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Pitch


Each note (also called tone or pitch) is given a letter name using letters A through G.  As the notes (letters) progress, the pitch gets higher.  So we say, generally speaking, that A is a lower note than B, while G is a higher note than F.  


What comes after G?  


After G, we start all over again with the note A, which in this case is a higher note than G.  Notes of the same name but that have a higher or lower pitch are said to be one or more octaves apart.  An octave is the closest distance between two notes of the same name.



The Staff


What’s all this I hear about READING music?

Music, like language, can be read from the page as well as enjoyed by the ear.  Also like language, we see marks on the page that tell us what note to play.  With written music, also called sheet music, we are given a lot of information about what to play.  Sheet music can communicate pitch, duration, tempo, intensity, and silence.


In this section, we’ll focus on pitch.


The staff is how we read and write music.  It refers to the five horizontal lines you see below.  


Pitches on the Staff


Up is Up, Down is Down


The notes we play are written on the staff.  Remember, the pitch goes up as we ascend the alphabet.  The same is true on the staff.  The notes in the example above are represented by the circles on the staff.  The name of each note is given below it.  A note on the page corresponds to a note on your instrument.  Each note on this staff tells us what pitch to play and for what duration.  


Lines and Spaces


Think of the staff as having lines and spaces.  Each line and space represents a different note.  As we go up to the next line or space, we go up to the next note.


If the bottom line represents an E, the bottom space (the next space above that) represents an F.  The next line above that is a G…..and on and on it goes.



You will notice that the bottom space is an F and the top line is also an F.  Remember, these notes are one octave apart.  While they contain the same letter name, they represent different notes on your instrument.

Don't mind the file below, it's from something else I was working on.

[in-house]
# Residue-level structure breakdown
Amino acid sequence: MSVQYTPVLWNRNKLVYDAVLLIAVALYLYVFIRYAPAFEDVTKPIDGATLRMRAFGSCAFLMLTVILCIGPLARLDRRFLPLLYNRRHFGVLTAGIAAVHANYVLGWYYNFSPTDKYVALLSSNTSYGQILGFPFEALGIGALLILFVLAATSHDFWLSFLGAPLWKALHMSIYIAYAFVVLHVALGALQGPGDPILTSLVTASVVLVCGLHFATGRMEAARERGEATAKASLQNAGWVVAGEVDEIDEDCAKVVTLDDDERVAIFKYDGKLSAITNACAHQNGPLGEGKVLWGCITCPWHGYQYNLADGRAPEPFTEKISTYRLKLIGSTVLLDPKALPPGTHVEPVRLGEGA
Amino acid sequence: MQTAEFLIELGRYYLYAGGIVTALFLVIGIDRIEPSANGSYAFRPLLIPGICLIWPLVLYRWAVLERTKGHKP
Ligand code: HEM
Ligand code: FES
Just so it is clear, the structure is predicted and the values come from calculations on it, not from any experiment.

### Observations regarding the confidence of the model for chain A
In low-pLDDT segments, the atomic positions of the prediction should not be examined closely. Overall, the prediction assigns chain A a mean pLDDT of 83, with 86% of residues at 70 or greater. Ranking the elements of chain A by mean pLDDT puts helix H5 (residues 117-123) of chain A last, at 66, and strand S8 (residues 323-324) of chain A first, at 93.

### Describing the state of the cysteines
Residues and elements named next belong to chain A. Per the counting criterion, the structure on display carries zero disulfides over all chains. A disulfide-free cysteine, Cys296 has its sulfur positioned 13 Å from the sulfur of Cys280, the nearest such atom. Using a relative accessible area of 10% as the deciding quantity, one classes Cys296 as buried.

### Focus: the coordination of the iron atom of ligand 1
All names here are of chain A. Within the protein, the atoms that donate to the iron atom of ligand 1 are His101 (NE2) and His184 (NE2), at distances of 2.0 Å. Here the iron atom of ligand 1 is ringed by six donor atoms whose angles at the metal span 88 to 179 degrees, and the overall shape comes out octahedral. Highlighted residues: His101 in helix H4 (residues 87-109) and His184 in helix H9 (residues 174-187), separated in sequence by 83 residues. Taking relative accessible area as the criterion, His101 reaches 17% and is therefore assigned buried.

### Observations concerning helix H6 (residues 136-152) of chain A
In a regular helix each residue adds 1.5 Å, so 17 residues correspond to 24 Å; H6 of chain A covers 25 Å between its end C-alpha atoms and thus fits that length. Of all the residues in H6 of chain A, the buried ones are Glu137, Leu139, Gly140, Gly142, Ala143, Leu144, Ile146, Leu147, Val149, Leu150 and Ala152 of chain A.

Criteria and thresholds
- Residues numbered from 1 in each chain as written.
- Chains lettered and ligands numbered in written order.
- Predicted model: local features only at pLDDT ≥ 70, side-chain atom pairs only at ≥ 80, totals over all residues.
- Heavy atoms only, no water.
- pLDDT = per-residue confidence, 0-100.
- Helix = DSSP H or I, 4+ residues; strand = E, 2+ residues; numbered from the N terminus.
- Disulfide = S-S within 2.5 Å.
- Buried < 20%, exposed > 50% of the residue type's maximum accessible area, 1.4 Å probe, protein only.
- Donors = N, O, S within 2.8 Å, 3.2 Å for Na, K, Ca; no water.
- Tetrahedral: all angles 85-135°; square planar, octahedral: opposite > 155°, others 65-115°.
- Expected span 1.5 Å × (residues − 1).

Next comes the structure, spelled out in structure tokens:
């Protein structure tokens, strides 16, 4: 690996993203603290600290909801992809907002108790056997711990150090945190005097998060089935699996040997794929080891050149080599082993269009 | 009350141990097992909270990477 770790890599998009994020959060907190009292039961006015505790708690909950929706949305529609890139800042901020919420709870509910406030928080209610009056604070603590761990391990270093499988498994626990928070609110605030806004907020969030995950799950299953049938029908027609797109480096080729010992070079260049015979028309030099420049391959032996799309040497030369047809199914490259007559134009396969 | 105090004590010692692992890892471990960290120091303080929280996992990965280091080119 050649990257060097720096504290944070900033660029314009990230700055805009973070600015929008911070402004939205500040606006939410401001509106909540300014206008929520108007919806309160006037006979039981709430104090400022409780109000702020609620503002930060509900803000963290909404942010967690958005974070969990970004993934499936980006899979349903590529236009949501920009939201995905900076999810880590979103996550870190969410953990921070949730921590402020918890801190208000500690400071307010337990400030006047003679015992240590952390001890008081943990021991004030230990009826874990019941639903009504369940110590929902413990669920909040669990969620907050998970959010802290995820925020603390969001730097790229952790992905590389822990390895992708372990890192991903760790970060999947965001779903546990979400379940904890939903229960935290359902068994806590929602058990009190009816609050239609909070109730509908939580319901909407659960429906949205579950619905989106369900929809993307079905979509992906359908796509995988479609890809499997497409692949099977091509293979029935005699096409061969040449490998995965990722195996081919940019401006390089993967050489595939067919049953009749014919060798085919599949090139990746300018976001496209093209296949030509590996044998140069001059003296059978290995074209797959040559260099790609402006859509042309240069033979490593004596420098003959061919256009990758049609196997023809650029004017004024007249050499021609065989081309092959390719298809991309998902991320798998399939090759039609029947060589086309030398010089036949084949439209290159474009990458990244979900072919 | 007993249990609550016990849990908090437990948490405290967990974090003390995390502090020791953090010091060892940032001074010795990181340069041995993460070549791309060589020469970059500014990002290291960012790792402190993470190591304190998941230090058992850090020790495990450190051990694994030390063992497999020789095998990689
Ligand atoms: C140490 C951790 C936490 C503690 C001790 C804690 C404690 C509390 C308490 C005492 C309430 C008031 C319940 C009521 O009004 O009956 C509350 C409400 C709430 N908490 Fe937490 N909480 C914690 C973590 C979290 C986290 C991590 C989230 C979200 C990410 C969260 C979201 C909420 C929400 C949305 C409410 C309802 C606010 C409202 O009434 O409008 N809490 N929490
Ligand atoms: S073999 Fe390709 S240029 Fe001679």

Clefs


The symbol at the beginning of the staff is called a clef.  The clef tells us what notes are assigned to each line and space on the staff.  


The two most common clefs are treble clef and bass clef.  Treble clefs are used for the majority of instruments, particularly those playing melodies.  Bass clefs are usually used for lower pitched instruments such as the bass.  

Treble Clef   Bass Clef

How am I supposed to memorize all these notes?

Memorize your notes one at a time, step by step.  Start by memorizing the middle line on the treble clef (B).  We’ll think of this as our anchor.  If we need to know what a note is we can always count out from the middle line.


In treble clef, the middle line is B.  If we need to know what the top line is, we start with B.  We know the next space up is C, the next line above that is D, the next space will be E, so the top line must be F!  


Once you have memorized the middle line, work on the top and bottom lines next.  The top line in treble clef is F, and the bottom line is E.  Now we have three anchors to start from.  Keep memorizing notes one or two at a time until you know the whole staff.  



Every Good Boy Does Fine


Here’s a phrase you can use to help you remember the notes.  The first letter of each word corresponds to a note on each line of the staff:




Quarter Notes


There are many types of notes.  Each one gives you information about how long to hold the note.  To keep it simple, we will start with quarter notes.  A quarter note can be identified by a solid note head and vertical stem.  The location of the note head tells you what note to play and the stem simply identifies it as a quarter note.  



In most cases, for every beat (or click on the metronome), you play one quarter note.  If the metronome clicks four times, you should have played four quarter notes.  


Terms


Bass clef: The clef typically used for lower pitched instruments such as the bass.


Beat: A constant pulse in music counted by a metronome, conductor, or other method.  Used to keep track of rhythm.  


Clef: A symbol placed at the beginning of the staff to indicate the designation of pitches.


G clef: Synonymous with treble clef.  


Note:  1) A musical notation indicating the precise pitch to be played and the duration for which it is to be held.  

2) Pitch.


Note head: The body of a note, the center of which identifies its pitch on the staff.


Octave: The closest distance between two separate pitches of the same name.  


Pitch: The frequency of a sound.  


Sheet music: Written music.


Staff: A group of five horizontal lines used to place notes in order to indicate pitch.


Stem: The vertical line attached to the note head going up or down from the note head.  Used to identify the duration of the note.


Tone: Synonymous with pitch.


Treble Clef: The clef used for the majority of instruments, particularly for melodies.  


Basic Notation for Treble Clef